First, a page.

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Handicrafts of Darjeeling

Handicraft of Darjeeling

Darjeeling is inhabited by different ethnic groups with distinct identity as well as art and culture. Consequently, the handicrafts of Darjeeling do not follow any set pattern; contrarily, it represents the skills of different groups of artisans. At the same time, it has to be understood that in this modern age when communication has opened up all frontiers, no school of art can live in isolation. That is why although each school strive to retain their individuality, the line of separation has somehow been blurred.  Yet, while discussing the handicrafts of this region, we have divided them under three different sections.

Traditional Handicrafts of the Gorkhas

When the Gorkhas first migrated to Darjeeling in the middle of nineteenth century, they brought with them the art and culture of their homeland in Nepal.  This Himalayan kingdom has a long heritage in art and handicraft. However, these handicrafts became work of art only from the fifth century AD. This is the time when different organized religions began to make inroads into the interiors of Nepal. That is why we can find religious influence on the handicrafts of the country.

Metal Work by Gorkha Artisans

In Gorkhali handicrafts, religion has all along been an influencing factor. That is why we find statues of Lord Buddha as well as other gods and goddesses being made by the artisans of Darjeeling. In paintings too such trends are quite visible. However, that does not mean that this school of art is centered only on religion. Artwork on secular themes is no less important. In general such handicrafts fall into two distinct categories – metal craft and non-metal craft.

Metal Crafts by Gorkhali Artisans

In this section, statues account for a big part. Most statues are made out of brass. Other than that we can name silver and brass jewelries such as earrings, pendants brooches and chains. These jewelries are generally embedded with colorful stones. Traditional Nepali Kurki is also another typical Gorkhali handicraft.

Non-metal Crafts by Gorkhali Artisans

Woodwork by Gorkhali artisans

Among the non-metal handicrafts we can mention woodcraft and textile. Indeed, Nepali craftsmen had been expert in textile oriented crafts since long. In Kautilya’s Artha Ahastra we find reference to a type of water proof blanket imported from Nepal. Although such crafts are lost, the Gorkhali artisans are still adept in making different textile related items. Bamboo products made by Gorkhali artisans are also highly appreciated.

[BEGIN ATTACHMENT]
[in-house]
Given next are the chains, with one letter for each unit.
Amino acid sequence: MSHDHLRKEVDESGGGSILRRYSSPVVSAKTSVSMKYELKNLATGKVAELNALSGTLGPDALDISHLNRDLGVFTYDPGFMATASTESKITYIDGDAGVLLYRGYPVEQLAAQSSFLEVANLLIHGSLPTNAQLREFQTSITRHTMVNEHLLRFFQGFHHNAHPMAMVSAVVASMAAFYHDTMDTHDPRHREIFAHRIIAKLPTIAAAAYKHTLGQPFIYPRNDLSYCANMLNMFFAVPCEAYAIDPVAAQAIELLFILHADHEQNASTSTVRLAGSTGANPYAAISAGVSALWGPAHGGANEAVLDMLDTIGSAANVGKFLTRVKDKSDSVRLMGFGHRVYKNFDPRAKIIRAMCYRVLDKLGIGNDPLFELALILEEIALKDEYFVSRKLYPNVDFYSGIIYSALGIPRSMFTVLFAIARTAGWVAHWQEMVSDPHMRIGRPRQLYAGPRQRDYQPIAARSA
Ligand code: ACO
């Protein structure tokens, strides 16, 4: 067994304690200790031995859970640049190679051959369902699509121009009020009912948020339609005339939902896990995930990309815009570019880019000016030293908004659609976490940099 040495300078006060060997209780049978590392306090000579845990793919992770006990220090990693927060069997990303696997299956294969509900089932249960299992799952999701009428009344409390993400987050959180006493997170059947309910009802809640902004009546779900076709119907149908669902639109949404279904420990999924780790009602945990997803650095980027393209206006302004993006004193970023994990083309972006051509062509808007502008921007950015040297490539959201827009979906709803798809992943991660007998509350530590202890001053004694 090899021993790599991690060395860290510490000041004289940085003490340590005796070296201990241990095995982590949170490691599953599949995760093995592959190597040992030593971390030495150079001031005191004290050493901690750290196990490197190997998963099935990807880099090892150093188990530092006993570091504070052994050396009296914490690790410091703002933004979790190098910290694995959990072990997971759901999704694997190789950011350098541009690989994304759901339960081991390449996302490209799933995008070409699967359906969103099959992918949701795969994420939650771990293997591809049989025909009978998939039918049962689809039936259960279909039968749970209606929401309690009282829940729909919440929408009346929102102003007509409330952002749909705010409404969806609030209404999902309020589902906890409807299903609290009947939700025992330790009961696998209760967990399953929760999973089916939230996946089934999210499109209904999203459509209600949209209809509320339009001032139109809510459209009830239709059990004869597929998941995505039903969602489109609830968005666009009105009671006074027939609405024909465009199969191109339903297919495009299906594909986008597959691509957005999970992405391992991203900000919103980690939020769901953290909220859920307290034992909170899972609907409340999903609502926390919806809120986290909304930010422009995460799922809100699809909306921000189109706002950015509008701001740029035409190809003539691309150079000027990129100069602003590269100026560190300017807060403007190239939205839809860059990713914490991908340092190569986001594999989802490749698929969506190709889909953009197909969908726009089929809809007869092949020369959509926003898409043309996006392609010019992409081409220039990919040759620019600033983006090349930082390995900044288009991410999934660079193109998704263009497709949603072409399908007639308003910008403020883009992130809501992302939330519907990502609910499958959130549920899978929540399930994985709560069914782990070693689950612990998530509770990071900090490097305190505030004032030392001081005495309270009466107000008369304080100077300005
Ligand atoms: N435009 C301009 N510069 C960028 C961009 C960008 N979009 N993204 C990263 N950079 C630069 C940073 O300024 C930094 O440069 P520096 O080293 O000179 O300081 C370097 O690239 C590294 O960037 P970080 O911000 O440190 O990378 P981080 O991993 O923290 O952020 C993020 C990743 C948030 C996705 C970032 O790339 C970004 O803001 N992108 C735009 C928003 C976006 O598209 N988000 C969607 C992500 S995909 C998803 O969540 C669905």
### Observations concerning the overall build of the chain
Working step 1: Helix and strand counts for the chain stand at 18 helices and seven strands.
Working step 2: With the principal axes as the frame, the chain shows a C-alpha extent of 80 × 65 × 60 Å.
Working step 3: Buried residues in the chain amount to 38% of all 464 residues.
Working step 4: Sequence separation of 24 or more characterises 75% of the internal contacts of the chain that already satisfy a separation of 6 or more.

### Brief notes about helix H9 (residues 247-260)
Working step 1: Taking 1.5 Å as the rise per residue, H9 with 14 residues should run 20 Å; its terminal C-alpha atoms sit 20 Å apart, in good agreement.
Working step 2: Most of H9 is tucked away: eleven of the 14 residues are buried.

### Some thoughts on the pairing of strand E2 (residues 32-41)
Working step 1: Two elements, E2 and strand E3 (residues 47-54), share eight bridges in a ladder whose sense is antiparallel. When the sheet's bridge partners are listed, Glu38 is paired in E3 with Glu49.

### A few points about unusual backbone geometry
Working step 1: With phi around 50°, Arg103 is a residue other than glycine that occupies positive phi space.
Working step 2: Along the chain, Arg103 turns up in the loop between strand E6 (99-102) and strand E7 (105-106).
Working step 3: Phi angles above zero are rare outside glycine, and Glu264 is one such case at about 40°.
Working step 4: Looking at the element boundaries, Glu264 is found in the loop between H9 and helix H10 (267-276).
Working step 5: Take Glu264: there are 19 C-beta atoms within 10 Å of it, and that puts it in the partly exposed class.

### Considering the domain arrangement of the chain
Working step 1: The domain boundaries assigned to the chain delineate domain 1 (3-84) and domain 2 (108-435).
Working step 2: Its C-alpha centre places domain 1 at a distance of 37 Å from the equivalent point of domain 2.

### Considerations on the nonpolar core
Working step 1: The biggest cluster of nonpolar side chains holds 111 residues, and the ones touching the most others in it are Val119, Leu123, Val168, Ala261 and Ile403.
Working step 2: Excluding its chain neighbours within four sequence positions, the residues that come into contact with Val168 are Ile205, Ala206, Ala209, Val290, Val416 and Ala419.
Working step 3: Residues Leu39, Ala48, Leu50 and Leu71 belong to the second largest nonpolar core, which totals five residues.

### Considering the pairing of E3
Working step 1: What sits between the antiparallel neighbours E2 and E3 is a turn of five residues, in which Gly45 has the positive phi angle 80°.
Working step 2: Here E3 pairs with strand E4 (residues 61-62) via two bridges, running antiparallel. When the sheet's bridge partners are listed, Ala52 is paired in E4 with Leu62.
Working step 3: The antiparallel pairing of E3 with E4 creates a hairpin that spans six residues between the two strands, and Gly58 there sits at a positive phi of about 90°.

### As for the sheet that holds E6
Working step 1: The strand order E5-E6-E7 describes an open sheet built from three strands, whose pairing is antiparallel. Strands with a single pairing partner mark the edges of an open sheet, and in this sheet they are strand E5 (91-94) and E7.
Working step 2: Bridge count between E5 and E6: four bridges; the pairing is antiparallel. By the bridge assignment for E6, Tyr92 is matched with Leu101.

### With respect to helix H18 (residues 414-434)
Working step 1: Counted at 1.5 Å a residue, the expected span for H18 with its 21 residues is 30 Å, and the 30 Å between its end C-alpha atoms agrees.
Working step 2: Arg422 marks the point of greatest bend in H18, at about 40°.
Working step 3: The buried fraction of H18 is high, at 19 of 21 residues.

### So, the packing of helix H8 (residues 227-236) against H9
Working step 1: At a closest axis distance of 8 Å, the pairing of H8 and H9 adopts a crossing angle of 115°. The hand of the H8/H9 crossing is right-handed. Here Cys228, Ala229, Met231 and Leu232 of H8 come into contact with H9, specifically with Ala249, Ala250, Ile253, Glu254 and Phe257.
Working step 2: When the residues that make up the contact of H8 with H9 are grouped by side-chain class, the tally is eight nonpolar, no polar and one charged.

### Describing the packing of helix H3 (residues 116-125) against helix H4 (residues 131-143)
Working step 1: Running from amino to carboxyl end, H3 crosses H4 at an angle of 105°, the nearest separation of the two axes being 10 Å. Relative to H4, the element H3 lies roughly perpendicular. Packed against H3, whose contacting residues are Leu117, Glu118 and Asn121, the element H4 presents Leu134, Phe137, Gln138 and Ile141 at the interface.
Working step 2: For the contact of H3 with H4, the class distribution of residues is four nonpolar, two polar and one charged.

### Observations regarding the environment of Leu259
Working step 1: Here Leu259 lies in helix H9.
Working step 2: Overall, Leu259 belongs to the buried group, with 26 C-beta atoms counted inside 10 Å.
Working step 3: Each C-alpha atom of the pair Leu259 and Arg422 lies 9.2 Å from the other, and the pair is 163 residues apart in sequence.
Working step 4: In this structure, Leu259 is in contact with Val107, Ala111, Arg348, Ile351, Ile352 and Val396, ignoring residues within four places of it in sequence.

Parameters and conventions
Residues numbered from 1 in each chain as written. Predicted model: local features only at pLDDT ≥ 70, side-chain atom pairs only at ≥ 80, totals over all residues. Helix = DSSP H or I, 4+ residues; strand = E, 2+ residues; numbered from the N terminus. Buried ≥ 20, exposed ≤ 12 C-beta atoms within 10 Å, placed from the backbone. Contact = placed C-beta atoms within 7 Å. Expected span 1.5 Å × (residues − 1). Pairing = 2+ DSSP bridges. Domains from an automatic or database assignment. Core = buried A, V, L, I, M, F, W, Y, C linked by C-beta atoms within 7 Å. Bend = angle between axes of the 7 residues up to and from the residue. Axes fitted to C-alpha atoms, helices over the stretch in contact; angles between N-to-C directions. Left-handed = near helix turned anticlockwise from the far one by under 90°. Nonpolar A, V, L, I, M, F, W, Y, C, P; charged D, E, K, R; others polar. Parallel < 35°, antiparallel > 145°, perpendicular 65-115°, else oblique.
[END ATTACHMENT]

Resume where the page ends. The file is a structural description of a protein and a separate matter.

Traditional Handicrafts of the Tibetan Artisans

When the Tibetan refugees came to Darjeeling they could not bring with them much of their belongings. The only thing that they could bring with them was a rich heritage and a determination to establish themselves in the host country. In fact, it is their willingness to work hard and their skill in making different types of handicrafts, which has helped them to find a toehold in a foreign land in such a short time.

Metal Crafts by Tibetan Craftsmen

Metal Work by Tibetan Artisans

Metal handicrafts made by Tibetan craftsmen are indeed of high order.  These objects of arts can either be decorative or ritualistic. While shopping in Darjeeling one can find hundreds of statues, decorative kettles, prayer wheels et cetera lined up on the shelves of different shops and emporiums. Different types of jewelries embedded with stones are also very popular items.

Non-metal Crafts by Tibetan Craftsmen

Tibetan Mask

Carpets account for a large part of this market. Indeed, Tibetan carpets made out of pure wool and natural dye is appreciated all over the world not only for their quality, but also for their designs. Woodwork, masks, scrolls, shawls, scarves are some of other handicrafts made by Tibetan craftsmen.

Thangka or Thanka painting depicting Buddhist scenes is another distinctive art of the Tibetan people. This art originally evolved in the 11th century Nepal. It was later imported by the Tibetans and soon it became an important teaching tool for the Lamas, who travelled from place to place preaching Buddhism among the masses. Thangkas are also used as medium for prayers and worship. Because these are first mounted by cloth and then by silk, they last really a long time and therefore worth every penny spent on them.

Handicrafts made by the Lepcha Artisans

Bamboo Work by Lepcha Artisans

Unfortunately, Lepcha handicrafts have been somehow overshadowed by Gorkhali and Tibetan crafts. In spite of that, one can still find their mark in the textile sector. Dresses as well as hats and jewelries made by Lepcha craftsmen carry a mark of quality. Moreover, they are also very good in needle work. Bamboo work is also another of their forte.

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